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Sunday, February 22, 2015

Keeping an Observing Log

Sky and Telescope magazine writer, Bob King, recently posted a great article on the Sky and Telescope website entitled "Pleasures of Keeping an Astro Journal". I could relate my experiences with keeping an Astro journal myself in so many ways to his article. I started keeping an observing log back when I was in my early teens at the same time I purchased my Astroscan 4.25" telescope from Edmund Scientific. The company had a special "bundle" deal with the telescope that included an observer's notebook.

Jupiter Observation from 1991.
Jupiter Observation from 1991.

After reading Mr. King's article, I pulled out the old orange, three-ring binder I that I now store all of my observing session entries I logged back in those days. The earliest entry was in July 1981, with the last one being logged in November 1992. As I flipped through the pages, it was interesting to see how my observing skills and recordings improved over the years. Around 1985, I ran out of Edmund's observing notebook blank pages. therefore, I created my own with a typewriter and a pencil compass. I included an example of my own observation form in this post with an entry of a Jupiter observation I made back in 1991.

There were times that I used a simple number two pencil as well as colored pencils for sketches, but for most of the observing sessions, I stuck to a pencil. For example, there was a week back in April 1982, my Insight Observatory Associate, Muir Evenden, and I were on spring vacation from high school. The nights that week were so exceptionally clear, we set up my Astroscan 4.25" telescope in my front yard just about every night that week. We used a star atlas called "Seasonal Star Charts" I purchased from Orion Telescopes and Binoculars. Muir and I found at least 15 new deep-sky objects that week that we have never seen before. We sketched those objects with a simple pencil and made drawings of Mars, Jupiter, and Saturn one evening that week using colored pencils.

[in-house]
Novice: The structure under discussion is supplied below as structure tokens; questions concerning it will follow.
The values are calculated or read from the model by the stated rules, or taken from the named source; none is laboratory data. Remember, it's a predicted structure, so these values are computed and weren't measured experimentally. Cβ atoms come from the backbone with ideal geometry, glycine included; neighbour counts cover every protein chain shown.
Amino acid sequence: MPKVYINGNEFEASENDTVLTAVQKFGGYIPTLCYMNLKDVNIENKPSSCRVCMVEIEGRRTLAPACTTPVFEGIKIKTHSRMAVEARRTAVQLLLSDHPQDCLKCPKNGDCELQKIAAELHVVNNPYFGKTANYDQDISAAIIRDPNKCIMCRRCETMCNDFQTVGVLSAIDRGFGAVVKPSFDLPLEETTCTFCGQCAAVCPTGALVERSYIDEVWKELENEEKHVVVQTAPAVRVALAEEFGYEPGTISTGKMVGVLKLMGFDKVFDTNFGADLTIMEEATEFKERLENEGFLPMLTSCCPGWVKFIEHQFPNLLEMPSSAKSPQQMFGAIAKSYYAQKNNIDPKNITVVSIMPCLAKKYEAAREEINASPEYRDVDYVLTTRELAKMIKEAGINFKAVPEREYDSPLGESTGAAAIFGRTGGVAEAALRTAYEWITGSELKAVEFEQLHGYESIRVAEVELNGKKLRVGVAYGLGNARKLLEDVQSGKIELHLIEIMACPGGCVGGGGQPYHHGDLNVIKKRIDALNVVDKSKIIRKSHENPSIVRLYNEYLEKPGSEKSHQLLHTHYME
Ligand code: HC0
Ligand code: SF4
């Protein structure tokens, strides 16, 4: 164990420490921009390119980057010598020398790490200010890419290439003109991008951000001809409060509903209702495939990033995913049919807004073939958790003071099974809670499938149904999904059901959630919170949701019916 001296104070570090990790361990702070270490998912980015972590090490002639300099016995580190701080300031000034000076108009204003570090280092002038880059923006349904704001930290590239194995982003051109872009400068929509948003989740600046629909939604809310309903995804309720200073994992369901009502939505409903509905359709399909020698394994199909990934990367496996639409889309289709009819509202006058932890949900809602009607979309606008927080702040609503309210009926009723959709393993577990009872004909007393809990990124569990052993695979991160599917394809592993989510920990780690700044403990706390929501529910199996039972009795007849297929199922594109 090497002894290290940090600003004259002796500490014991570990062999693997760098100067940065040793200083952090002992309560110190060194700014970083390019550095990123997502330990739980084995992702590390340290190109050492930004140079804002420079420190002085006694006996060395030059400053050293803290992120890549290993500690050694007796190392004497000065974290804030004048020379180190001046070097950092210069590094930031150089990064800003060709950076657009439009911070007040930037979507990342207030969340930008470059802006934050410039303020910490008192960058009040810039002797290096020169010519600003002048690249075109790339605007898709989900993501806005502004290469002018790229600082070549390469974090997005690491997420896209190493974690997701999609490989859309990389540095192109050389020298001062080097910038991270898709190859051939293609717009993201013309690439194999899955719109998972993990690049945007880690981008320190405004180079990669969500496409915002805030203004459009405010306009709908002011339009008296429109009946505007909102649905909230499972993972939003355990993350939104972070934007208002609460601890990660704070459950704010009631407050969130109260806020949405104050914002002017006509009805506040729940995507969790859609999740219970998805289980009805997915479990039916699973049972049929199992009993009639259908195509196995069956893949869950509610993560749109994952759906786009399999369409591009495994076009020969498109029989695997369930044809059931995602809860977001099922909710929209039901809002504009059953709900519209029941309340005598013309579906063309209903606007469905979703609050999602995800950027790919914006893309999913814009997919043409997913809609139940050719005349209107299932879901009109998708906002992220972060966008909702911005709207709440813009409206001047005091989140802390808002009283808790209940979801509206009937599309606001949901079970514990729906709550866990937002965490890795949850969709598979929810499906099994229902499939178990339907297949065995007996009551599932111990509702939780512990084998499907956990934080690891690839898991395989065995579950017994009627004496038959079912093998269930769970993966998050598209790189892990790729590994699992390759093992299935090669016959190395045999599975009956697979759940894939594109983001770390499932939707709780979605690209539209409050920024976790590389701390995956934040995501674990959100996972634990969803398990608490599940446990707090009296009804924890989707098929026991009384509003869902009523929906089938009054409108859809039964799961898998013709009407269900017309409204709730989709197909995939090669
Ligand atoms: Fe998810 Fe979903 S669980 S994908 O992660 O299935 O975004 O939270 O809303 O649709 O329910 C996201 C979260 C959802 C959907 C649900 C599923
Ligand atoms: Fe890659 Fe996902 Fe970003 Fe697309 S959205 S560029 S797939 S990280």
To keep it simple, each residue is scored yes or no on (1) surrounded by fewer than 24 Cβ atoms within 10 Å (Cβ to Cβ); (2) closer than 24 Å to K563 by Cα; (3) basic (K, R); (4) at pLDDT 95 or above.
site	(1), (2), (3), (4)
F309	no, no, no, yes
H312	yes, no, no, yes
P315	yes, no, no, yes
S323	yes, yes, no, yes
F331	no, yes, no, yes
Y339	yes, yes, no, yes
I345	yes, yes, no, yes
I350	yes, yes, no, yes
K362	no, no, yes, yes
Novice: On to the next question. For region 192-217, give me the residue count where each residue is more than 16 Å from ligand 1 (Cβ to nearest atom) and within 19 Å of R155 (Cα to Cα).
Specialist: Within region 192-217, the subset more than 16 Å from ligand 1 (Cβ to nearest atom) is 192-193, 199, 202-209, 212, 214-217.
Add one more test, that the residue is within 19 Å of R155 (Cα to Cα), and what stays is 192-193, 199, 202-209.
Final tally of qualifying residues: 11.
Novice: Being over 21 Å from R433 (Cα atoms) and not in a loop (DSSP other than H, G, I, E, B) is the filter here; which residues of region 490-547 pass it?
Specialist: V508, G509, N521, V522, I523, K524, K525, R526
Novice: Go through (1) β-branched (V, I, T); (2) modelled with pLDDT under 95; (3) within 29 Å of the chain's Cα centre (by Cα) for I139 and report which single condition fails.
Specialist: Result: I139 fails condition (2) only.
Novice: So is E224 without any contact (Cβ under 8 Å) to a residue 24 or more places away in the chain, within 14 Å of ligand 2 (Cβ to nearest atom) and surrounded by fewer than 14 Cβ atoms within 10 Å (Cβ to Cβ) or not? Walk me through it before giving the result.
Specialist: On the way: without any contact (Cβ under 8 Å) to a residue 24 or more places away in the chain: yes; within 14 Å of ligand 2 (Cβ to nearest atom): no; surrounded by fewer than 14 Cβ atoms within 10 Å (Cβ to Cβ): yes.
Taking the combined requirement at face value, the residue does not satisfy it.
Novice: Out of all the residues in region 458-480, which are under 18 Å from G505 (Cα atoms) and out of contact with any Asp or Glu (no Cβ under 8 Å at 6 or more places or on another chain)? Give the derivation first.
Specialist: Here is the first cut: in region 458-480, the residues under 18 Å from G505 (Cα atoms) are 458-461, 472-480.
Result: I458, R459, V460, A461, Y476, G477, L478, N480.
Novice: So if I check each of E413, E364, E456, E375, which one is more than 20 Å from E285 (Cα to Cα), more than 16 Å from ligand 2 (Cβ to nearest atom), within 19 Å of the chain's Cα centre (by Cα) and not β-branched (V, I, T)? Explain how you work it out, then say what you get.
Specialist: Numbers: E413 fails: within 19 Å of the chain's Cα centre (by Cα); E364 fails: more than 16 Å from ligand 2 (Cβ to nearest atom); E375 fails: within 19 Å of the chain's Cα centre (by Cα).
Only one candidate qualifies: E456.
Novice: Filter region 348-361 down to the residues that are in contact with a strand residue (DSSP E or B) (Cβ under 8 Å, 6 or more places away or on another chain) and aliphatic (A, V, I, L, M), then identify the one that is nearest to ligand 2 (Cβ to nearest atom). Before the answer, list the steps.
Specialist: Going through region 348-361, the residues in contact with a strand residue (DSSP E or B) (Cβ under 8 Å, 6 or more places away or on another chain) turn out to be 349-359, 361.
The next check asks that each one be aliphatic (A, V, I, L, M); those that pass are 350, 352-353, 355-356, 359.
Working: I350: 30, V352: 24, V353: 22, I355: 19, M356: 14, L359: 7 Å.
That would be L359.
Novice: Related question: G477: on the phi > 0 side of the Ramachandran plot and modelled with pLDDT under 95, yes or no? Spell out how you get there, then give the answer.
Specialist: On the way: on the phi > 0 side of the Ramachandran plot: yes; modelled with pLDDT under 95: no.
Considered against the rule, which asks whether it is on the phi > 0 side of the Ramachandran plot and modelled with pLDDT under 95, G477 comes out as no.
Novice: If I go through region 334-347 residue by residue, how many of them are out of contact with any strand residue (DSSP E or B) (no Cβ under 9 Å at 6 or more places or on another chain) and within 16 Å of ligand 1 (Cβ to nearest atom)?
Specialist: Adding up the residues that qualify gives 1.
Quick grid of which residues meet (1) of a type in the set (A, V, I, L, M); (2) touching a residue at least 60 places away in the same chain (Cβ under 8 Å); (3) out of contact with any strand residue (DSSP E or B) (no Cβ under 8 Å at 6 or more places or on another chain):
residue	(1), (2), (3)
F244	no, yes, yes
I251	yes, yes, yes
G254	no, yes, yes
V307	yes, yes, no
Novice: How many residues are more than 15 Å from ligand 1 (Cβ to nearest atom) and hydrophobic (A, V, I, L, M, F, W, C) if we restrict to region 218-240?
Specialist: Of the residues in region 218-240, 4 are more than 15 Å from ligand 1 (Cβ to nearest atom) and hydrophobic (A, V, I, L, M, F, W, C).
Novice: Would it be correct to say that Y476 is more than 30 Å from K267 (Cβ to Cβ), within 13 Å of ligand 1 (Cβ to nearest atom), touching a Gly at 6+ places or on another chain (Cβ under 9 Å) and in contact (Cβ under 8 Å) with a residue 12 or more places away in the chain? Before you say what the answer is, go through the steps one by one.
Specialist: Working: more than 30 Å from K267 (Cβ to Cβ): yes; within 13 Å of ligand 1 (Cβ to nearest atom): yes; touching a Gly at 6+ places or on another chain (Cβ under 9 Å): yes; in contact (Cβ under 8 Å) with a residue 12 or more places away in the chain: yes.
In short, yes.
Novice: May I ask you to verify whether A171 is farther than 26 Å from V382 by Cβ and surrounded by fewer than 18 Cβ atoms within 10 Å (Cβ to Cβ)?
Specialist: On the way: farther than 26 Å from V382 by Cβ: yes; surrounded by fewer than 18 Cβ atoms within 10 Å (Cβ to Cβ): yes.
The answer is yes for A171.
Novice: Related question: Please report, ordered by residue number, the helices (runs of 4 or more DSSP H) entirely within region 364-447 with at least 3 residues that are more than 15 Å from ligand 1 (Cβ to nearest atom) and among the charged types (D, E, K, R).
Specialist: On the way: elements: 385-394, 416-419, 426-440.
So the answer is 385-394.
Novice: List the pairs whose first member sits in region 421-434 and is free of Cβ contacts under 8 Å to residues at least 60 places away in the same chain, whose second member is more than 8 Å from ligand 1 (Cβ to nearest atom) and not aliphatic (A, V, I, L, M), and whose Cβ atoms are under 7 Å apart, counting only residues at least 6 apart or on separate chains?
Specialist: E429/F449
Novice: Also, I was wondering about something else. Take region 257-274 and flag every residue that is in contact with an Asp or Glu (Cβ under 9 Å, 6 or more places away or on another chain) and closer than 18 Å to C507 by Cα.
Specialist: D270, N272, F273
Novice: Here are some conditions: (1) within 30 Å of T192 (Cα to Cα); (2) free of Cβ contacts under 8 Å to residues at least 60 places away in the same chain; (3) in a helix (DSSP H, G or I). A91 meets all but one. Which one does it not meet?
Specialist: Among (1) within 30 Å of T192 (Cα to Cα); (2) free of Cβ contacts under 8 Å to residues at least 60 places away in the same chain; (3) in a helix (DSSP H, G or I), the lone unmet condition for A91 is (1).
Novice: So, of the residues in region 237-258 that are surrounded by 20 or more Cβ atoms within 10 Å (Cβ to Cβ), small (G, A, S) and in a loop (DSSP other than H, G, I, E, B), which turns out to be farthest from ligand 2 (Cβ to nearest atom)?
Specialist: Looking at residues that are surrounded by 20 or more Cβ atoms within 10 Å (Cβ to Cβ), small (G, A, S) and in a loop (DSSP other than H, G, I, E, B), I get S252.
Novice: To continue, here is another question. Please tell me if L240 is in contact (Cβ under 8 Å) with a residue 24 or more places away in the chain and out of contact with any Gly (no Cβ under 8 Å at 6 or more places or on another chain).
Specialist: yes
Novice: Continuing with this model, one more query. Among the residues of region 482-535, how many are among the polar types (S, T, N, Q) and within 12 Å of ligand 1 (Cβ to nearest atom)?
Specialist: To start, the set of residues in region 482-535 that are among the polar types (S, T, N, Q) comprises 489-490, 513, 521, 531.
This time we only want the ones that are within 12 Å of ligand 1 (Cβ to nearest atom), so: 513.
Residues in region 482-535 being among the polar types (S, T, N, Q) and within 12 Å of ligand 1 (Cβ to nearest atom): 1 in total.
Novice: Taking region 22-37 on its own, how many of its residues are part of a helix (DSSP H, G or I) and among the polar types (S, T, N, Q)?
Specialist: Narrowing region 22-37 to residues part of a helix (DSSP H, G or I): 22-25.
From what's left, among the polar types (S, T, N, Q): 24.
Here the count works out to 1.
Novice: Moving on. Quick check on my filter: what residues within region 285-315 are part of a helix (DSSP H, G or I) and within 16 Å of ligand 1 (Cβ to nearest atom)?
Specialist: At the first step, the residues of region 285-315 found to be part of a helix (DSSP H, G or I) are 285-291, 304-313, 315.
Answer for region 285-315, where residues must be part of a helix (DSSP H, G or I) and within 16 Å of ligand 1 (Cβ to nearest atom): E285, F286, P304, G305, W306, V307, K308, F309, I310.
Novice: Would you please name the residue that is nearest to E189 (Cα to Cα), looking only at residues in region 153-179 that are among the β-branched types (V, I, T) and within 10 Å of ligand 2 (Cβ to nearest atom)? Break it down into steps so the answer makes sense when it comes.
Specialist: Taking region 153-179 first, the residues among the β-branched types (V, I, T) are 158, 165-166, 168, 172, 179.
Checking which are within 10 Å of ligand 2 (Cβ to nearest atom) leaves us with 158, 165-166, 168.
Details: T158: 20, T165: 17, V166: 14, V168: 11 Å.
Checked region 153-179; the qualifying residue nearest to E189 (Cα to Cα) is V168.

Jupiter and Mars as observed through Astroscan 4.25" telescope 04/19/1982
Jupiter and Mars as observed through
Astroscan 4.25" telescope 04/19/1982

I highly recommend keeping an observer's notebook. Not is it only fun, but you can detect detail in astronomical objects that cannot be detected with conventional imaging equipment. To quote Mr. King in his article, "There are many reasons to keep a journal. It's a low-pressure, low-tech creative outlet. Over the years, it's fun to look back at your Astro adventures to relive a moment. Writing and sketching prepare the mind and eye to see better and more deeply the next time we step up to the telescope."

1 comment:

  1. Those certainly were the days, Mike! But these can be too. Thanks for noting the importance of keeping and observing log. If anyone doubts their relevance, they only need thumb through a copy of the 3-volume "Burnham's Celestial Handbook".